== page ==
Aristotle's essences are not properties, and certain passages in Aristotle make sense only if we do not take accidents to be properties either.
According to Donald Baxter's Aspect Theory of Instantiation, a particular instantiates a universal when an aspect of the particular is also an aspect of the universal. According to an improved version of this account, this happens when the universal itself is an aspect of the particular.
We can accept Plato's "ingredient principle" when we replace the distinction between things and properties with a slightly different one.
The Aristotelian doctrine of four causes naturally arises from the combination of the two distinctions (a) between things and changes, and (b) between that which potentially is a certain thing or change and what it potentially is.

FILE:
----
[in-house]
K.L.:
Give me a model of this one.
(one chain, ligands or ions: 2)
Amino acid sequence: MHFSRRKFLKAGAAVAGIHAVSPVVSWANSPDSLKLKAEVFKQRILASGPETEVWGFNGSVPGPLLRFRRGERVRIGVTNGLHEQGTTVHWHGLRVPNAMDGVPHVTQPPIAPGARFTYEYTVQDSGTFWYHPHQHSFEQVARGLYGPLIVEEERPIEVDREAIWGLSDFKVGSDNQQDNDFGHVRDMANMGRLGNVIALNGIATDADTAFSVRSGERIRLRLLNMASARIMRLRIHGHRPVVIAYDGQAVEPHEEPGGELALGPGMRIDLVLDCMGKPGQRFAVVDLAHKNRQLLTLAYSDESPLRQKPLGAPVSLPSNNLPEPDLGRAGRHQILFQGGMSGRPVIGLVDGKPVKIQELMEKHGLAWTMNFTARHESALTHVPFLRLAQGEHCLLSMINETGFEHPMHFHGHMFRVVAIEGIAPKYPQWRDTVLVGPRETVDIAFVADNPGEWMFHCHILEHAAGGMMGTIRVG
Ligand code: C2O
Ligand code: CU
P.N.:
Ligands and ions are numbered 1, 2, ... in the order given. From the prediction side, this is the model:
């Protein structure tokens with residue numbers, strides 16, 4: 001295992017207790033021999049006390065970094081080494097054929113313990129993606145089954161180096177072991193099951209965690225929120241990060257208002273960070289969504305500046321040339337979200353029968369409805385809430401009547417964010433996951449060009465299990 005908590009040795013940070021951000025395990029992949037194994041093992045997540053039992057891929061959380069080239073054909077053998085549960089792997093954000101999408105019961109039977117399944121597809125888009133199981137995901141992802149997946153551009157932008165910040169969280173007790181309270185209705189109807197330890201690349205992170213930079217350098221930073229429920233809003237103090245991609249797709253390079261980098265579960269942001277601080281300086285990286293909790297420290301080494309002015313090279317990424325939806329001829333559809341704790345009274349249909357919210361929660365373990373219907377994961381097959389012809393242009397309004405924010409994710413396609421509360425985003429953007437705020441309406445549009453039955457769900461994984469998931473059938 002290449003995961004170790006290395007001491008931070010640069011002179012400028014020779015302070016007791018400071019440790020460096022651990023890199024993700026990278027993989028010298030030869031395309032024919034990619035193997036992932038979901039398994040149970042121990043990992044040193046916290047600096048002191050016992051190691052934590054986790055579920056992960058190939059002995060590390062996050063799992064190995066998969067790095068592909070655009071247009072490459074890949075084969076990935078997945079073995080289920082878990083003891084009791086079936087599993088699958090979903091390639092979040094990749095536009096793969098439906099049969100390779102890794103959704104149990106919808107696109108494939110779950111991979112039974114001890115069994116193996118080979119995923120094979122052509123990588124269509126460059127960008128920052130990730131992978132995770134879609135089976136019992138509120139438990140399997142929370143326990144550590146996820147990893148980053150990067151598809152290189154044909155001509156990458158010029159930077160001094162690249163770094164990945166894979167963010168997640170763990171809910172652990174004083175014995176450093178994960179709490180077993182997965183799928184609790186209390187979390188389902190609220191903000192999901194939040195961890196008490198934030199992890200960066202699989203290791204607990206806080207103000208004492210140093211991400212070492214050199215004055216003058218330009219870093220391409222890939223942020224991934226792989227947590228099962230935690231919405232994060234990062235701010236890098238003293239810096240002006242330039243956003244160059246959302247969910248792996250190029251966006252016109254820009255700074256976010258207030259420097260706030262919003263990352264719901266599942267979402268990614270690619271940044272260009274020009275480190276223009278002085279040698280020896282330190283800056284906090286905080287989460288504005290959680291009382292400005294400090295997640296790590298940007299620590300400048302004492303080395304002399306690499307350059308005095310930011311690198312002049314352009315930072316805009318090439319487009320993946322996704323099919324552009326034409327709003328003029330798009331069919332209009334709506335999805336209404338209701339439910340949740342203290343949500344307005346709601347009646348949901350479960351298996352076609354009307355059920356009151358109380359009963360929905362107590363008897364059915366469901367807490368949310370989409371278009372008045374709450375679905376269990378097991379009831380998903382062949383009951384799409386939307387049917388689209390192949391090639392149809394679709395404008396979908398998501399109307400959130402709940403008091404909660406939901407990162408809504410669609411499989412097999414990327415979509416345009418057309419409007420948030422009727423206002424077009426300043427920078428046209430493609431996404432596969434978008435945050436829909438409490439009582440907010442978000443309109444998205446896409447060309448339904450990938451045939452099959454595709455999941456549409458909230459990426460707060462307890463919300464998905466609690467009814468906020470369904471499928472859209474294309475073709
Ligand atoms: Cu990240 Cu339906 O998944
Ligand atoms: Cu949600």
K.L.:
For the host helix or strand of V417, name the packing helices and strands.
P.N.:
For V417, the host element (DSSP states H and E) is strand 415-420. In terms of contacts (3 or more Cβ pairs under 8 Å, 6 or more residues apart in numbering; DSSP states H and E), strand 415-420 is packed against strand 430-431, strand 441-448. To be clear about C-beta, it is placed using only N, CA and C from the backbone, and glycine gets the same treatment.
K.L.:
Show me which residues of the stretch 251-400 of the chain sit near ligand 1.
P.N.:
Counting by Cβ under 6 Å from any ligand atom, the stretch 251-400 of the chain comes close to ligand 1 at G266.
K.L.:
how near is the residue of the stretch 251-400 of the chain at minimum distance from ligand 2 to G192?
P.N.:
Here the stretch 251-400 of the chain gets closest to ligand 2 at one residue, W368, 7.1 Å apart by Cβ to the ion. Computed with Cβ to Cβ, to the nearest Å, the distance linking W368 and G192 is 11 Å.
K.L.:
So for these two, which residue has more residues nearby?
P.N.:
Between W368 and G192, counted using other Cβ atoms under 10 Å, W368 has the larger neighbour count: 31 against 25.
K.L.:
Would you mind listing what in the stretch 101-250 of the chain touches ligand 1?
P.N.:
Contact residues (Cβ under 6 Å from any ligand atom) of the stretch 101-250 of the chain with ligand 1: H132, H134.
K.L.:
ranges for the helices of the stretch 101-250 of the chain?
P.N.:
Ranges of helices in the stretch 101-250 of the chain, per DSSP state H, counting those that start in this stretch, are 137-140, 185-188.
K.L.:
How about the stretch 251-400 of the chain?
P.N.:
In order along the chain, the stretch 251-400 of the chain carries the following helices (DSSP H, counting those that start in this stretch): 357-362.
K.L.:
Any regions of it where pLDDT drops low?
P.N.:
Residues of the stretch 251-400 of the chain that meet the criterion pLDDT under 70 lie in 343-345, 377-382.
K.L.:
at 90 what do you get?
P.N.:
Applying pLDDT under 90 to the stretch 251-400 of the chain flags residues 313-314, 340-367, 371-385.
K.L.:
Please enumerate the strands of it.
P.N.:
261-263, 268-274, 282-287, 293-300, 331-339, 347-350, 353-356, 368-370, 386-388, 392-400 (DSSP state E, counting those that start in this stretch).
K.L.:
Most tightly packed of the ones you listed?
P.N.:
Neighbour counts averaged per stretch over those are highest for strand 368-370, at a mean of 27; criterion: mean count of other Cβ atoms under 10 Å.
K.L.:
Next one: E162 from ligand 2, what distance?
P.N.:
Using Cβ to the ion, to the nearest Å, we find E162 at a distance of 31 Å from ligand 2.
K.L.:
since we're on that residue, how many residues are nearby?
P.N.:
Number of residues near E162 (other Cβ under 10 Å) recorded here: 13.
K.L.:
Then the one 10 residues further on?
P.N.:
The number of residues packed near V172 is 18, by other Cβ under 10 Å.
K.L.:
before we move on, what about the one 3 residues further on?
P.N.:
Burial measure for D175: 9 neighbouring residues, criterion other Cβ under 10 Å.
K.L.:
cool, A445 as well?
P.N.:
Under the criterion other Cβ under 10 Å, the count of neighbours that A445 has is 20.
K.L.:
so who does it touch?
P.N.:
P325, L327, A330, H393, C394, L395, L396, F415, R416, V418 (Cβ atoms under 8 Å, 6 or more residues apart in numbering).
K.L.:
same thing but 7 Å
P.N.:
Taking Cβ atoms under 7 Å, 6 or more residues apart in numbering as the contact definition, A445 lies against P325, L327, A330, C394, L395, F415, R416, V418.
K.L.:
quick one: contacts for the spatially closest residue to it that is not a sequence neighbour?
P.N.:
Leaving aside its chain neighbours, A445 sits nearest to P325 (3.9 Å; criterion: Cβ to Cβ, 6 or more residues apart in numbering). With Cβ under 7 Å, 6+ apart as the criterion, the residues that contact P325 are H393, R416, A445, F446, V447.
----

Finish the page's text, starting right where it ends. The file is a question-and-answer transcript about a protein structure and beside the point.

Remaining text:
Virtues are not character traits of individual agents, but generic ways of acting; this is why Anscombe found them important, and this is how Aristotle talks about them.
When Descartes calls the soul of a human being an immaterial substance, he does not contradict the Aristotelian doctrine according to which the soul of a person is the substantial form of her body.
Descartes uses 'conscientia' in the traditional sense, roughly meaning 'moral conscience'.
I use Austin's distinction of two directions of fit in order to explain how a priori knowledge is possible.